Does this make a ton more new and extra work for me? You bet, but I’m excited anyway! This could be… big.
Glad you found somebody! I also think it’s great that you’re able to do “dry runs” since you can’t afford to waste even one session with an ideal patient.
You say this makes new work for you – does that mean you’d be taking data with this person soon, instead of waiting for the end of summer when you were originally planning to gather everyone?
So is Big Idea targeted at a very specific population, or is it something about the style of equipment you were able to make and/or the particular experiment design that makes the criteria so stringent? If I’m pushing too far into secret territory then just shoo me away 🙂
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June 30, 2022 at 9:20 pm
I agree dry runs are a good use of our time. We’ve learned a lot, so once we find the perfect people we won’t get wasted data. I’m hopeful anyway.
Yes, this is a time sensitive thing with regard to eligibility, so data is collected as the people become available, it’s a particular clinical population so we work around the schedule of other doctors and the people that get referred to us (assuming those people want to work with us).
You’re fine… for now!! Haha. Big idea is targeting a specific population, but the implications are wider than that. It will make more sense when we get the first publication, but that’s about as much as I can say on it for now unfortunately.
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July 2, 2022 at 10:49 am
Is there somewhere to fill out a form that can funnel people into appropriate studies? I am not even talking just about the big idea. How do researchers ,in general,find subjects without giving away precisely what you are doing? Is there a giant anonymous database somewhere? Does the VA have a list?Do you spend countless hours scouring Facebook for test subjects, get in good with rehab clinics? Put out scary ads that say medical test subject needed? Forgive me if you covered this and I missed it somewhere along the way. Off topic update.:my double vaxed and boosted healthy 19 year old is still miserable a week out. COVID is still a thing.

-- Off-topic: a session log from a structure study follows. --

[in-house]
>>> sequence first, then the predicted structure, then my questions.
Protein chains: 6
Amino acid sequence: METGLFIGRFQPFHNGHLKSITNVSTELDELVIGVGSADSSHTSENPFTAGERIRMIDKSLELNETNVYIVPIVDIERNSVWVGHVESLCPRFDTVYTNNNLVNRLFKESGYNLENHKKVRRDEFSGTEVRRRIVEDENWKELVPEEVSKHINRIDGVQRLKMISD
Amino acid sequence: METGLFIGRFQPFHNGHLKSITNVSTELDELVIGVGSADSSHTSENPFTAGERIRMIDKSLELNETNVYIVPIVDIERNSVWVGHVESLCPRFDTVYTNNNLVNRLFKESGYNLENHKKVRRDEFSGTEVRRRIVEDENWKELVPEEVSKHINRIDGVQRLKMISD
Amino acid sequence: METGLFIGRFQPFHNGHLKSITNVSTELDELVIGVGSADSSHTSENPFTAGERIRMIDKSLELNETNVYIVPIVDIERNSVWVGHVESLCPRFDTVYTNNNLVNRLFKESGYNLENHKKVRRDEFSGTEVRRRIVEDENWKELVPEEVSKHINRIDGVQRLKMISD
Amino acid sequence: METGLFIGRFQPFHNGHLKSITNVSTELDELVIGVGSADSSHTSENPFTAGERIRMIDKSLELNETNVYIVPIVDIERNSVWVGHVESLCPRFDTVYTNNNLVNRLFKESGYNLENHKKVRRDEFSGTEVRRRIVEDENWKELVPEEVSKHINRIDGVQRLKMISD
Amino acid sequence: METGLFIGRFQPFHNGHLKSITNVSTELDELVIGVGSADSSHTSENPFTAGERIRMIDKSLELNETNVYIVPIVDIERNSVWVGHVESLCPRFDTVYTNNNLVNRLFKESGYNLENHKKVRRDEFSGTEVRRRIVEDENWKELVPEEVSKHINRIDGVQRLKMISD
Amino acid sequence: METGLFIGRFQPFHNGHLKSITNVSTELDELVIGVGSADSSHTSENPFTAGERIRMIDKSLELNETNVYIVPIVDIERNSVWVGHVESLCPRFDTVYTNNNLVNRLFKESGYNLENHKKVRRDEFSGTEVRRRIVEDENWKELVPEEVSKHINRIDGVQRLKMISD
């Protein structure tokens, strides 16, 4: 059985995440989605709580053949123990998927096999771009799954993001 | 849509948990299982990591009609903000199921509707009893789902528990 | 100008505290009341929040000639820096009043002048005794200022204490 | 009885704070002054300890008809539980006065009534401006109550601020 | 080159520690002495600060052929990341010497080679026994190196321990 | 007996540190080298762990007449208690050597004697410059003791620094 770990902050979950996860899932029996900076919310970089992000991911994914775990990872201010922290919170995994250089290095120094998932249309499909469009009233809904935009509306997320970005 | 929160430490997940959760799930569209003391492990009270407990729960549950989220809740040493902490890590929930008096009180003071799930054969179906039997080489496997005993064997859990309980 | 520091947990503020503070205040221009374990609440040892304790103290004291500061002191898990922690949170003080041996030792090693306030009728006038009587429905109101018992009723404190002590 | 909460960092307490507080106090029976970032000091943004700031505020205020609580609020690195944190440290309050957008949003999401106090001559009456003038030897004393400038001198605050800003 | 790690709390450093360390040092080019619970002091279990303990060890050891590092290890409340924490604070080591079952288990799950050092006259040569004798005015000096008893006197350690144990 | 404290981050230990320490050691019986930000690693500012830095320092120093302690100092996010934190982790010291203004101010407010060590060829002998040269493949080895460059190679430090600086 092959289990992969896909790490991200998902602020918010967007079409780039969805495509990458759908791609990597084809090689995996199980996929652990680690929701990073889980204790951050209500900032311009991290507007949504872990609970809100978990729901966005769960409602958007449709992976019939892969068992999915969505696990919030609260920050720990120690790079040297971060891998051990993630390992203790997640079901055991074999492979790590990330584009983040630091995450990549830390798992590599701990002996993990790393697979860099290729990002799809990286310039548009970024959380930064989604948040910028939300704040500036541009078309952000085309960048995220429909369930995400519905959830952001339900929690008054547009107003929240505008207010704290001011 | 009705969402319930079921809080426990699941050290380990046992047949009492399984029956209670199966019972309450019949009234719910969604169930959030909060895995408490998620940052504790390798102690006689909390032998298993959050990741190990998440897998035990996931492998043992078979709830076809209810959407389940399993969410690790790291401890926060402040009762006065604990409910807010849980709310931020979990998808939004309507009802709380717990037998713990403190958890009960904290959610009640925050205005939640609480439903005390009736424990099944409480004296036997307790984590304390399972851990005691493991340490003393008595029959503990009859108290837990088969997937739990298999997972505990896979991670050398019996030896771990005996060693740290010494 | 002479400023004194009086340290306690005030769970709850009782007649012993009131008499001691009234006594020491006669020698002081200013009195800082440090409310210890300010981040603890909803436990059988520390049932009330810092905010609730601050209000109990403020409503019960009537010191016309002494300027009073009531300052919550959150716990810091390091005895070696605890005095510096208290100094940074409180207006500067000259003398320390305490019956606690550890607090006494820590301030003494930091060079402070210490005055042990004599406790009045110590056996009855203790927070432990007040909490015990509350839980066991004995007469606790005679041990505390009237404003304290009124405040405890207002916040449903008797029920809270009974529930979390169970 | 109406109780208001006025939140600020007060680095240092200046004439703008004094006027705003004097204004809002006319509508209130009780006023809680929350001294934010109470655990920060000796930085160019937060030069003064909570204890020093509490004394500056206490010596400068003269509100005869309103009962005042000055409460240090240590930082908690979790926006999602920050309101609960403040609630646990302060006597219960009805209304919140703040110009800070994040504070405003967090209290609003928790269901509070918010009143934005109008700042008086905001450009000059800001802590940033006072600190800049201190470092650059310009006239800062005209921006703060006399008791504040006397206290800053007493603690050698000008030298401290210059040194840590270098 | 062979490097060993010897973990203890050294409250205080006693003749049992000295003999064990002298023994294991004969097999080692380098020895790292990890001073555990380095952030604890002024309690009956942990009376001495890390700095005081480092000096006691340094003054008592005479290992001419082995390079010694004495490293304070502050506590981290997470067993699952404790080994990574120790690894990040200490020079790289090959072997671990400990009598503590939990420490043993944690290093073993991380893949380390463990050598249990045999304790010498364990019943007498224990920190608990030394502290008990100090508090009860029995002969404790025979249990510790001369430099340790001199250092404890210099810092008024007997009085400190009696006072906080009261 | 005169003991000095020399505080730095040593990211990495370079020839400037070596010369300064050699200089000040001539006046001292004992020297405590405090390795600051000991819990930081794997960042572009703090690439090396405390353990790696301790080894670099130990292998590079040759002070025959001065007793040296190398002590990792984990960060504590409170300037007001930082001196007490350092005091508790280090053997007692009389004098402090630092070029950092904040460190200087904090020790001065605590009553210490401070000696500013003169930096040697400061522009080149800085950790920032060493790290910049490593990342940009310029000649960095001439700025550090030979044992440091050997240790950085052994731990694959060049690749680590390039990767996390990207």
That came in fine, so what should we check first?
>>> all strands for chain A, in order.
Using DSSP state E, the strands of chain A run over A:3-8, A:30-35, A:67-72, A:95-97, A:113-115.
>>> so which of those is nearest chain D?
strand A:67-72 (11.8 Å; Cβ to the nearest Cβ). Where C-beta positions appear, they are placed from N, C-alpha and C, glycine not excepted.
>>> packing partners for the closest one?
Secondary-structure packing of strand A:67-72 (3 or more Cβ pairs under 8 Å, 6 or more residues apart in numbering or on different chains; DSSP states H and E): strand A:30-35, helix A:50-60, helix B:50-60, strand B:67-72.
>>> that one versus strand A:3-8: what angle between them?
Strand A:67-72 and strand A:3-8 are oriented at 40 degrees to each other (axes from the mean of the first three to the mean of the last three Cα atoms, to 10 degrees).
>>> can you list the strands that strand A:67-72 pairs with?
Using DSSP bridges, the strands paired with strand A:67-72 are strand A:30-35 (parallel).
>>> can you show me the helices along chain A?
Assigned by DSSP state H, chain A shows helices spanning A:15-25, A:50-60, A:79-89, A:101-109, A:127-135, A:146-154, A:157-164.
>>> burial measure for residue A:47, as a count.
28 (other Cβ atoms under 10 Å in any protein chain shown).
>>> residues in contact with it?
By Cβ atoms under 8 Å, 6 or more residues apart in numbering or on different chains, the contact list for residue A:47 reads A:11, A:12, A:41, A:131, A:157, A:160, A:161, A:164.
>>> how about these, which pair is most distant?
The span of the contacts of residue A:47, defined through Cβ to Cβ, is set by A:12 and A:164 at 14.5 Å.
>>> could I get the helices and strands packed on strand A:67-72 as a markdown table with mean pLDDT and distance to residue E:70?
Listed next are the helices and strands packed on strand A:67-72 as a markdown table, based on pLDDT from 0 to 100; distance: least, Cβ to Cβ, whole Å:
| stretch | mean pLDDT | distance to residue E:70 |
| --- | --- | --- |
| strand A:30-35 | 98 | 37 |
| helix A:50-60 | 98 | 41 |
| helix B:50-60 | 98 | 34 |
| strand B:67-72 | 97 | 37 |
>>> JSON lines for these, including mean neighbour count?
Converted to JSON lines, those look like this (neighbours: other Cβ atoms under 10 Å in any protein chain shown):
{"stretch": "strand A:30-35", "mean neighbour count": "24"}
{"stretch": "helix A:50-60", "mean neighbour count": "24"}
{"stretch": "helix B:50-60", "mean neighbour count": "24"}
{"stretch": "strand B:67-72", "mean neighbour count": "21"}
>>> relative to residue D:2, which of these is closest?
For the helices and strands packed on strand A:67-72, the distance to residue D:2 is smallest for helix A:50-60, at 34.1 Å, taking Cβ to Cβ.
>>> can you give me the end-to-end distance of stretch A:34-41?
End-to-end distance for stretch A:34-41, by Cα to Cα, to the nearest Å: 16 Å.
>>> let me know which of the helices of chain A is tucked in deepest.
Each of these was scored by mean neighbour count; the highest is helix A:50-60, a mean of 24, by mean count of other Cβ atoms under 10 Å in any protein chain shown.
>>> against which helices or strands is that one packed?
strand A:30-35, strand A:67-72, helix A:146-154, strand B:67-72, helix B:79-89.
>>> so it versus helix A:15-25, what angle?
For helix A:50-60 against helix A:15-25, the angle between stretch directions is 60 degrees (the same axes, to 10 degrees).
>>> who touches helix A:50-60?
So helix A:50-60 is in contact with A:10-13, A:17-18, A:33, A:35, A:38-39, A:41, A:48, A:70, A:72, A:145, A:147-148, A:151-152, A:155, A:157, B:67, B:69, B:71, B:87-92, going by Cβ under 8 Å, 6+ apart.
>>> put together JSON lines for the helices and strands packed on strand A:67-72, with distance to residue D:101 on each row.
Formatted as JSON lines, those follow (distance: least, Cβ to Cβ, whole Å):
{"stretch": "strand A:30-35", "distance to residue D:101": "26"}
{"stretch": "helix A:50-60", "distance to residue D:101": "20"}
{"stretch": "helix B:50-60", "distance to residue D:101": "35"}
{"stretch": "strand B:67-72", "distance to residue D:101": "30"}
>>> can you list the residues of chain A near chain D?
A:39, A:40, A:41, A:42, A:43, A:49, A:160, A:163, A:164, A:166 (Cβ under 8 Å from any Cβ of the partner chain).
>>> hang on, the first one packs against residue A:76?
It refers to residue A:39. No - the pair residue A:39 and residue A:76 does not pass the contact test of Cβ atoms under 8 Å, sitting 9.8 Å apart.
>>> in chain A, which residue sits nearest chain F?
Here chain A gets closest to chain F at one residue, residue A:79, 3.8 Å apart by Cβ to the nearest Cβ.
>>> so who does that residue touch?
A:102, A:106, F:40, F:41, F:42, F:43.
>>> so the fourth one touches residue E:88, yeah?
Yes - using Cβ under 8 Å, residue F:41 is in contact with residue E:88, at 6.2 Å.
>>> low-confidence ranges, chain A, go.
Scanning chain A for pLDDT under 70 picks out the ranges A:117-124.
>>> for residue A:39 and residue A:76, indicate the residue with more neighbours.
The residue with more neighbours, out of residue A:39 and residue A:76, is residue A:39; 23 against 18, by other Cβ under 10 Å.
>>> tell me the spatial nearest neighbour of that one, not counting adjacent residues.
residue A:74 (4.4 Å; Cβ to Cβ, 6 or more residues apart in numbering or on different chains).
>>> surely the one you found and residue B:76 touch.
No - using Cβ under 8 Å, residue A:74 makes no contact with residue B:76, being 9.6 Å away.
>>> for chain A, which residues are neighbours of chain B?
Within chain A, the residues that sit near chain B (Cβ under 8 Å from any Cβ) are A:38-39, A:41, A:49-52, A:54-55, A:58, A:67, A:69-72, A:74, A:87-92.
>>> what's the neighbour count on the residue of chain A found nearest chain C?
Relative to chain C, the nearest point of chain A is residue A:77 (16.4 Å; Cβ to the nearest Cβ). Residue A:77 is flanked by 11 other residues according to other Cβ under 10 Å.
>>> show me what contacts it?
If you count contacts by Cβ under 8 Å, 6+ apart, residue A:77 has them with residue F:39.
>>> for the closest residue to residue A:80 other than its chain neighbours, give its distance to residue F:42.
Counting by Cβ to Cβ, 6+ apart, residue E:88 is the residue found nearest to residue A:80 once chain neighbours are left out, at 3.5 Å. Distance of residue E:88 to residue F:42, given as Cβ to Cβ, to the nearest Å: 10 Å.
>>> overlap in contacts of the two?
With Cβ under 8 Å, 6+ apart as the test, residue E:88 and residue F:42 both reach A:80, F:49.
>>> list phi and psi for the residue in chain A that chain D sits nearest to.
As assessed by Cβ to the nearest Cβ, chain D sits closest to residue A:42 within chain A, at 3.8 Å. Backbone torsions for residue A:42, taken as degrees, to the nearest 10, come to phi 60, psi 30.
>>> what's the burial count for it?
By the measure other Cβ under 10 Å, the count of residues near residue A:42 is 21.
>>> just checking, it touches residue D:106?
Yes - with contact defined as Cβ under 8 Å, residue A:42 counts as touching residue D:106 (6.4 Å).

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June 30, 2022 at 11:39 pm
No worries! I don’t mind answering this question and it’s good to talk about.
Normally we recruit using fliers for a particular project. We put them up around the area (schools, within the hospital, etc.) with details about the type of people we’re looking for and some very general details about the experiment.
There are databases where people can volunteer, but we don’t typically use those. Since we’re a research hospital, when we’re looking for specific people (i.e. people with certain medical conditions or histories) we try to work with doctors in the field to find people who may be interested.
Thanks for the update! I’m sorry he’s still having trouble. I wish you both the best and that he recovers soon. COVID is awful, we just had someone in our lab test positive, thankfully we all tested negative, for the time being anyway.
July 1, 2022 at 2:41 pm